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Sarah, 57

#auguts hard to talk about

For the first time in three years, I had a normal poo and I phoned up my Stoma nurse straight away. I was proud but relieved that something so normal had returned.

I started having issues in early 2018 and needed frequent trips to the toilet. I thought there was something wrong, but my doctor thought I had IBS and rearranged my diet, telling me to cut out dairy and meat, and for about six months things calmed down. But it came back with a vengeance in 2019 and by August I was referred to hospital.

I had a colonoscopy and scans, which revealed colorectal cancer. Even after they found the tumour, I hadn’t had many symptoms, apart from frequent trips to the toilet and feeling a bit tired and bloated. Apart from that, I felt quite healthy.

After the colonoscopy, an MRI and CT scan, I was convinced I was going to be dead by the weekend. I was frightened to go to sleep because I thought I was never going to wake up again. My doctor prescribed sleeping tablets so that I could sleep and get a bit of rest.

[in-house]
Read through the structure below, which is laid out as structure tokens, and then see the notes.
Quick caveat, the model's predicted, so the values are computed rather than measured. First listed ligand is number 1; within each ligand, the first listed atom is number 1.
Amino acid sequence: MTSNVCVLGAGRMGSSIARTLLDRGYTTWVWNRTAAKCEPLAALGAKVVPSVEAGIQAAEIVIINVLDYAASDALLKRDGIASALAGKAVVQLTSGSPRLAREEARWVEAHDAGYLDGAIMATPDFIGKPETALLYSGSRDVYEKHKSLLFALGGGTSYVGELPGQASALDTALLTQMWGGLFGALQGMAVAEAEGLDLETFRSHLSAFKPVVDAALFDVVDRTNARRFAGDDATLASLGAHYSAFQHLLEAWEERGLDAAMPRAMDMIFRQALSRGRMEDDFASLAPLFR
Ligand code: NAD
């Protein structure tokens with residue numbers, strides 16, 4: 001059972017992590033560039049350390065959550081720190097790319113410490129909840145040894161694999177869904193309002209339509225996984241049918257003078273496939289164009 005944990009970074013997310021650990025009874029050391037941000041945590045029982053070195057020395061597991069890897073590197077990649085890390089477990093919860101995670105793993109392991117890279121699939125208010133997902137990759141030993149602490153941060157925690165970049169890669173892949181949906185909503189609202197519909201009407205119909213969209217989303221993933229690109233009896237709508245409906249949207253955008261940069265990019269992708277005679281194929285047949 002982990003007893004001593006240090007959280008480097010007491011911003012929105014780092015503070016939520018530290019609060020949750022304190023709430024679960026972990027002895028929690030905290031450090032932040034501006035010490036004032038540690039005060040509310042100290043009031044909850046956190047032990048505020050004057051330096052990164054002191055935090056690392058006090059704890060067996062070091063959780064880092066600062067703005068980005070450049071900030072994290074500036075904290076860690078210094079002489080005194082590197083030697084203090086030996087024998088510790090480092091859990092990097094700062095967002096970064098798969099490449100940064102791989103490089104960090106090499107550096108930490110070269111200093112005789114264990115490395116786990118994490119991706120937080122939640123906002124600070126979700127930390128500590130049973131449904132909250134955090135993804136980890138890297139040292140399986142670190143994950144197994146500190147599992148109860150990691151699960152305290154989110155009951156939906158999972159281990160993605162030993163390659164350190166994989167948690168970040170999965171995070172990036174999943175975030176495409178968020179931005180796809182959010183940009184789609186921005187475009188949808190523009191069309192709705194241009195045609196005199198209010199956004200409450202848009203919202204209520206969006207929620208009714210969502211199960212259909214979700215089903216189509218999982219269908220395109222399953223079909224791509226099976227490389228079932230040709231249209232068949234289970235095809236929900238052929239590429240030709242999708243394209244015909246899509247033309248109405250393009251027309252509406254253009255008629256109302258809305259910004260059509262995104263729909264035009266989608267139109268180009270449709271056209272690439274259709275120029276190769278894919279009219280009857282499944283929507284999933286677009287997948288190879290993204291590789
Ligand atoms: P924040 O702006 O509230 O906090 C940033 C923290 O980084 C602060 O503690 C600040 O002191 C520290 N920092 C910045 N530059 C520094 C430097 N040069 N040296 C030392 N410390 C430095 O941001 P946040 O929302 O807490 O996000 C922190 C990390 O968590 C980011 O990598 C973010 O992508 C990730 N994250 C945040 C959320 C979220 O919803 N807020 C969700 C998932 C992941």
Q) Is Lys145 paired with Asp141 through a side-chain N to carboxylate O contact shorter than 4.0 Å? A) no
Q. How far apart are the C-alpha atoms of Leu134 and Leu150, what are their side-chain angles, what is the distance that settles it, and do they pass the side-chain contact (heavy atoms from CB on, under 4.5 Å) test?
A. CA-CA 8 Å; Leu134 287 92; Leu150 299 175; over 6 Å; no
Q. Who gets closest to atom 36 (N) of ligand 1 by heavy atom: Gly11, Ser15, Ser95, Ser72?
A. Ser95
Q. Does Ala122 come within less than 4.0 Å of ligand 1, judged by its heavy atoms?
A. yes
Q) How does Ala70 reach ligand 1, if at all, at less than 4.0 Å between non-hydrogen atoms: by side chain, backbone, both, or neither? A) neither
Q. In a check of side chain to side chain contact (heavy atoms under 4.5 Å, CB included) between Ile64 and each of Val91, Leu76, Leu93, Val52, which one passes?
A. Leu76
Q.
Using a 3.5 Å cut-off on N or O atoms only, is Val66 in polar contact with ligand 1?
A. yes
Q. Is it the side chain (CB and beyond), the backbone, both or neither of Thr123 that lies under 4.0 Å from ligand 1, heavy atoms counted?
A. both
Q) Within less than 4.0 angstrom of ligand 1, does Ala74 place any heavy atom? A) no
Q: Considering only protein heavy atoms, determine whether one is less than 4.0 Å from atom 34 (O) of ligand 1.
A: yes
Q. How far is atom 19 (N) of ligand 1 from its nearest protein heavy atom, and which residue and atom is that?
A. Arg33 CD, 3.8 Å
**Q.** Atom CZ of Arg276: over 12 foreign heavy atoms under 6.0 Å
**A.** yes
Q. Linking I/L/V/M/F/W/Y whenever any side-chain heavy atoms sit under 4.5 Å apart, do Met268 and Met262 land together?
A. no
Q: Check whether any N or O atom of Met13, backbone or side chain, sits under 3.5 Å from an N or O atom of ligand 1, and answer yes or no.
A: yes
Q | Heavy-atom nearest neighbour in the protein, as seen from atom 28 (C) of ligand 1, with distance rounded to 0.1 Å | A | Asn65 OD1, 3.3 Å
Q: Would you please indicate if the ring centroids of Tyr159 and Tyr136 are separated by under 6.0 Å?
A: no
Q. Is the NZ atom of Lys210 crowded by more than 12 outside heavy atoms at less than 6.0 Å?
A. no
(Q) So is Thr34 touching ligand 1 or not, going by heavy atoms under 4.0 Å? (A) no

On the day of my diagnosis, the surgeon gave me two options: I could either have an elective normal surgery, or pioneering robotic surgery, which would cut the operation down from six hours to about two and a half.

There was a possibility I would end up with a colostomy bag, but I wanted anything that gave me the chance to heal, and the stoma being reversed would benefit me in the long run, so I went for keyhole surgery.

I had to have six weeks of combined radio and chemotherapy which finished in November 2019 I then had to wait until March 2020 for my surgery.

After my surgery I discovered I had a colostomy bag. I was discharged from hospital and three days later the country went into lockdown.

I affectionately nicknamed my bag Moaning Myrtle because of the noises she used to make. My stomach is now a bit misshapen, but they’re my battle scars and I’m proud of them.